How Long Alcohol Withdrawal Symptoms Typically Last Varies From Person to Person
If you are reading this article, chances are you or someone you know has either stopped drinking, or is considering stopping. You are probably wondering just how long alcohol withdrawal symptoms typically last? Unfortunately, there is no telling how long symptoms will last, because everyone is different. There are many factors to consider when trying to determine how long an alcoholic will suffer once they stop drinking. The best we can do is offer an estimate based on experience in dealing with people that have gone through alcohol withdrawal.
The severity of alcohol Benzo Withdrawal Symptoms will depend on how long the individual has been drinking, how many drinks they drink in a day, week, or month, and what type of alcohol they drink. Withdrawal can be experienced by people who drink daily, as well as people who drink weekly, it all depends on how much alcohol is consumed. A person can drink one beer a day and still experience mild withdrawal symptoms when they stop, although they may go unnoticed.
The physical symptoms of withdrawals vary depending on each individual case. They can range from mild to moderate, to severe and life-threatening, and they can last anywhere from a few days to a few weeks or more.
Mild to moderate physical symptoms that do not really pose a threat, but are more annoying than anything are the shakes and sweats, sometimes a person will even experience nausea, headaches, anxiety, an increase in heart rate and blood pressure, and an intense craving for alcohol. These symptoms are usually start within the first 24 hours.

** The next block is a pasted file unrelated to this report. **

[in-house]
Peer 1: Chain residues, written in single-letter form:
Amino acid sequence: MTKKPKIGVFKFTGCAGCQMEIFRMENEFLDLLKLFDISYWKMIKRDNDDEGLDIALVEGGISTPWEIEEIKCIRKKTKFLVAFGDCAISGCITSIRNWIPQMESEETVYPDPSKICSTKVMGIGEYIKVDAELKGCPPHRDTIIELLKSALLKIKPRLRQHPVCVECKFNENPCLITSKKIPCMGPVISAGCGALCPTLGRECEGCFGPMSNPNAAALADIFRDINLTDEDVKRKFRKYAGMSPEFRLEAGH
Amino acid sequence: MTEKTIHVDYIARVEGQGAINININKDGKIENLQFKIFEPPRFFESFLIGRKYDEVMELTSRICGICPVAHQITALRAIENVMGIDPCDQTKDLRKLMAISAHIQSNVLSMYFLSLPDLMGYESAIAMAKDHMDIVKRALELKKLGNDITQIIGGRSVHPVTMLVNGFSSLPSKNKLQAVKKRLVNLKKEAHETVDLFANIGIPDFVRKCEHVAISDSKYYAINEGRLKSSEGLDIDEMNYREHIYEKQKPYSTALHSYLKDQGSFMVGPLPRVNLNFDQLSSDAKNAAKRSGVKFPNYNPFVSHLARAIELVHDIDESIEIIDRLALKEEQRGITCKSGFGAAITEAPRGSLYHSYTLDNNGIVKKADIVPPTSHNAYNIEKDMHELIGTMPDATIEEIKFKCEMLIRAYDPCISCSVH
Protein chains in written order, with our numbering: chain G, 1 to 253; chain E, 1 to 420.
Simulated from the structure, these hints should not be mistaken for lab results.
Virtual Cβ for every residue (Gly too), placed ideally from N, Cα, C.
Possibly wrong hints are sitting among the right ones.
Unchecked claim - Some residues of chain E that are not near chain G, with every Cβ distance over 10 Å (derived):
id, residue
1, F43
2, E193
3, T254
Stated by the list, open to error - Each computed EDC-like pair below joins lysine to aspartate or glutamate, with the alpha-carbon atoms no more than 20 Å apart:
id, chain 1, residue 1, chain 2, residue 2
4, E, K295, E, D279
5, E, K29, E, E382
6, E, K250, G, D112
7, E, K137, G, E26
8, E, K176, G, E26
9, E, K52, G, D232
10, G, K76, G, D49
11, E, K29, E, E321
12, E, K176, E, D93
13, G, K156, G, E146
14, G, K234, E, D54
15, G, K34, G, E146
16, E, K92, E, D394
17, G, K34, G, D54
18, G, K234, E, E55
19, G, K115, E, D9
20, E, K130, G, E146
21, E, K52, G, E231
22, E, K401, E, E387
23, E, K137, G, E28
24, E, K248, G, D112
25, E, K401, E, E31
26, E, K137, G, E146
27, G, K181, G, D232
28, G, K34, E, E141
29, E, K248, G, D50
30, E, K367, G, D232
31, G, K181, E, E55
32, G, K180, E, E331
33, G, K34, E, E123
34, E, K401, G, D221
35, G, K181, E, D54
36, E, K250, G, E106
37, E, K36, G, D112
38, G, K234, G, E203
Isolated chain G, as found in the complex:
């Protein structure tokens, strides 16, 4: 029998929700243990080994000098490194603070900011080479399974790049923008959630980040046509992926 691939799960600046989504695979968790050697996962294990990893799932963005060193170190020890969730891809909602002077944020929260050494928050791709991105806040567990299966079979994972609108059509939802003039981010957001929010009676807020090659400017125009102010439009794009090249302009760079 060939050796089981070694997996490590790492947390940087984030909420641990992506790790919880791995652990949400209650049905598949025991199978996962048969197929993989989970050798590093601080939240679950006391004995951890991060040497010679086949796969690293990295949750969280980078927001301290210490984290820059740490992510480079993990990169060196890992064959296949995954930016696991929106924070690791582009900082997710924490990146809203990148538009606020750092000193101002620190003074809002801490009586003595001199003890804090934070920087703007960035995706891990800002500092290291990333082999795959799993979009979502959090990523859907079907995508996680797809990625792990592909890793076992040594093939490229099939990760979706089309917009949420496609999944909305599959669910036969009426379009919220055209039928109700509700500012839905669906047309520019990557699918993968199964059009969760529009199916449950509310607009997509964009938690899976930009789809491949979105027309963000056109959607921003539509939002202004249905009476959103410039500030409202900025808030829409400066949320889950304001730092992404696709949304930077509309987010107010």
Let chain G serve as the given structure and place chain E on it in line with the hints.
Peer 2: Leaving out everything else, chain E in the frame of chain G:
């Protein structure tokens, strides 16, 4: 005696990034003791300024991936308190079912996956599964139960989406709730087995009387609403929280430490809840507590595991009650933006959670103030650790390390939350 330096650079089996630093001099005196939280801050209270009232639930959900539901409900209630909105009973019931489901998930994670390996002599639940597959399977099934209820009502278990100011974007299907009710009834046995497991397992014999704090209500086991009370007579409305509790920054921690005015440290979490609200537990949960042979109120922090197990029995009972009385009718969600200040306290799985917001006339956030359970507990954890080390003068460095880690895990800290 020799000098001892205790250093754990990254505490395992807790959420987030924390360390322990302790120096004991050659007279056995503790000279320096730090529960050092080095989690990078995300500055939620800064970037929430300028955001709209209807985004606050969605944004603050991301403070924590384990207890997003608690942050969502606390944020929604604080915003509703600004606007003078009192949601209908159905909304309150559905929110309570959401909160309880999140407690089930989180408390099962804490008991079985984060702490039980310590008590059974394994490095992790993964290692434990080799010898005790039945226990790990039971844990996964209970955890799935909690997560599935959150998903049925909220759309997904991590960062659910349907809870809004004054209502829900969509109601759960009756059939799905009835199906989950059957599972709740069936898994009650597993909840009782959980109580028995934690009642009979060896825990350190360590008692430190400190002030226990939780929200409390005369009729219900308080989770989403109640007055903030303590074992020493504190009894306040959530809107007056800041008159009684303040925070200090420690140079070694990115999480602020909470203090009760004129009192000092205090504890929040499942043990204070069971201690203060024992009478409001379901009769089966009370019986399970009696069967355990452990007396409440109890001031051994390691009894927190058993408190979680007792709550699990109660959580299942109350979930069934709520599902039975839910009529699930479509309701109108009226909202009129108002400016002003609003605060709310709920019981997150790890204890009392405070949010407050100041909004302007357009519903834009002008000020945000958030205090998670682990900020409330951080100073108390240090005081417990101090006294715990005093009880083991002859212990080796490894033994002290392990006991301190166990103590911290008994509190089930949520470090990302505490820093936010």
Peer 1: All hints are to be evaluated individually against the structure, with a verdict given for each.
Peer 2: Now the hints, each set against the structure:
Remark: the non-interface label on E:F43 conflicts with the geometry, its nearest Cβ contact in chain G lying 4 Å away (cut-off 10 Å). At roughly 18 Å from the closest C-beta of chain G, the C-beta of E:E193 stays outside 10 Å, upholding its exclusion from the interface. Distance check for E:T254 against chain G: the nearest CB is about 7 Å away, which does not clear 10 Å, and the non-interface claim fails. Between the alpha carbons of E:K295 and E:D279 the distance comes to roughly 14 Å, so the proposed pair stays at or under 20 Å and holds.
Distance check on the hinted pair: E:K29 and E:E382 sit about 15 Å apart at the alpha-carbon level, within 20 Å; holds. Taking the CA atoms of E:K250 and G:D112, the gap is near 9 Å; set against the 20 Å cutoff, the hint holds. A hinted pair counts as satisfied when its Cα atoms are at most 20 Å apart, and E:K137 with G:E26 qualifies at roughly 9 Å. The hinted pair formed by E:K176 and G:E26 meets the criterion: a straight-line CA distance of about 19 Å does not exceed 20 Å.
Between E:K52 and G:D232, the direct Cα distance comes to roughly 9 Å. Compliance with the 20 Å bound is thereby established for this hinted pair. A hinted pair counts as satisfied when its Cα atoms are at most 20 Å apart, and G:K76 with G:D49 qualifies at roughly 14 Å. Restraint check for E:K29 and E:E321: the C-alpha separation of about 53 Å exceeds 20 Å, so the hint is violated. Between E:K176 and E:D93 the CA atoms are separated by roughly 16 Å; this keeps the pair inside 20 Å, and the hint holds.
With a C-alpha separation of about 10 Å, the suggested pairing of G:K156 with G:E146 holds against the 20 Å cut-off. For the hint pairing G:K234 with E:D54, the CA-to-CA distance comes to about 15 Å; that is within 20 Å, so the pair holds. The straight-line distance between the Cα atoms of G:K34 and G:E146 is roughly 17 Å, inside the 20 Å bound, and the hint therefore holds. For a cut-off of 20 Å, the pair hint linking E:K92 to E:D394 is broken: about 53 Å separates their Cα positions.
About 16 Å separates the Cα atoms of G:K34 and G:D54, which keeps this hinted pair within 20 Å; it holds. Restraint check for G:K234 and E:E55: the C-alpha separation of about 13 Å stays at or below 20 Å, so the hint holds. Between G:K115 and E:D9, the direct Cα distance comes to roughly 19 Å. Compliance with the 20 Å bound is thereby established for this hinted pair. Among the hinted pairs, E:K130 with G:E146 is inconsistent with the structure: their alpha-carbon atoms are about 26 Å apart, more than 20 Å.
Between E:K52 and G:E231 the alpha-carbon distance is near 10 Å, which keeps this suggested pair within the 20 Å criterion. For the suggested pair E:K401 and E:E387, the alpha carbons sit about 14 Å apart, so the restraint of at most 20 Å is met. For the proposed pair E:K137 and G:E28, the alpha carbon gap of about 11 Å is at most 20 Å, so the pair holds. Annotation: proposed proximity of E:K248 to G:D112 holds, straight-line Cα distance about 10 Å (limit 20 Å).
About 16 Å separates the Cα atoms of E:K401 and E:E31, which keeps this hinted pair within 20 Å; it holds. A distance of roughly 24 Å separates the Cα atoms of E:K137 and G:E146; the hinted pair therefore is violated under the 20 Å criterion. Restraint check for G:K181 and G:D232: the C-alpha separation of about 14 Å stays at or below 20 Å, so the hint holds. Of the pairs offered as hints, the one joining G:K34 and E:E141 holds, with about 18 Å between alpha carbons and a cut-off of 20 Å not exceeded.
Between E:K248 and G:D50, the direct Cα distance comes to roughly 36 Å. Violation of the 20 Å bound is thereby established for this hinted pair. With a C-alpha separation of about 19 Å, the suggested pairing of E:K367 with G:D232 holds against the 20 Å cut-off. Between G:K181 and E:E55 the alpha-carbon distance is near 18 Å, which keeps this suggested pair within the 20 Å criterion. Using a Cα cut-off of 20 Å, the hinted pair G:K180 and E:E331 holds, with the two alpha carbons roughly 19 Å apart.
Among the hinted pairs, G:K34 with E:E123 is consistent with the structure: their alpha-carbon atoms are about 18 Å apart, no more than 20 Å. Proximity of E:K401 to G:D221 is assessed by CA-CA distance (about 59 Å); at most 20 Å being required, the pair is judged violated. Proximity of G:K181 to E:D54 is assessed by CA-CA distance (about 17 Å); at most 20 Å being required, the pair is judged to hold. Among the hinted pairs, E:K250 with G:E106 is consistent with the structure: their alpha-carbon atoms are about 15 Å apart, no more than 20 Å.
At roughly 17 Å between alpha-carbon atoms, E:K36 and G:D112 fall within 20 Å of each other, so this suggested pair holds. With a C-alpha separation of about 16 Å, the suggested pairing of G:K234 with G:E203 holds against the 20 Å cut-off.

Moderate to severe physical symptoms start within the first 6 to 48 hours, depending on how much residual alcohol remains in the body. These symptoms include hallucinations, which can be visual or auditory. It is during this time also, that a heavy or long-time drinker can experience life-threatening symptoms, which include convulsions or seizures. DT’s or delirium tremens usually starts within 3 to 5 days of last drink and can be dangerous. Once they start they are difficult to treat, and can lead to death. Symptoms of delirium tremens include severe confusion, disorientation, hallucinations, hyperactivity, fever, and extreme cardiovascular symptoms. If these symptoms occur Grand Mal seizures, heart attacks, and even strokes can occur as well, and all are life-threatening emergencies.
Alcoholism is a serious illness, one that should treated with the help of medical professionals. Not only to ease the physical symptoms, but to treat the psychological aspects as well.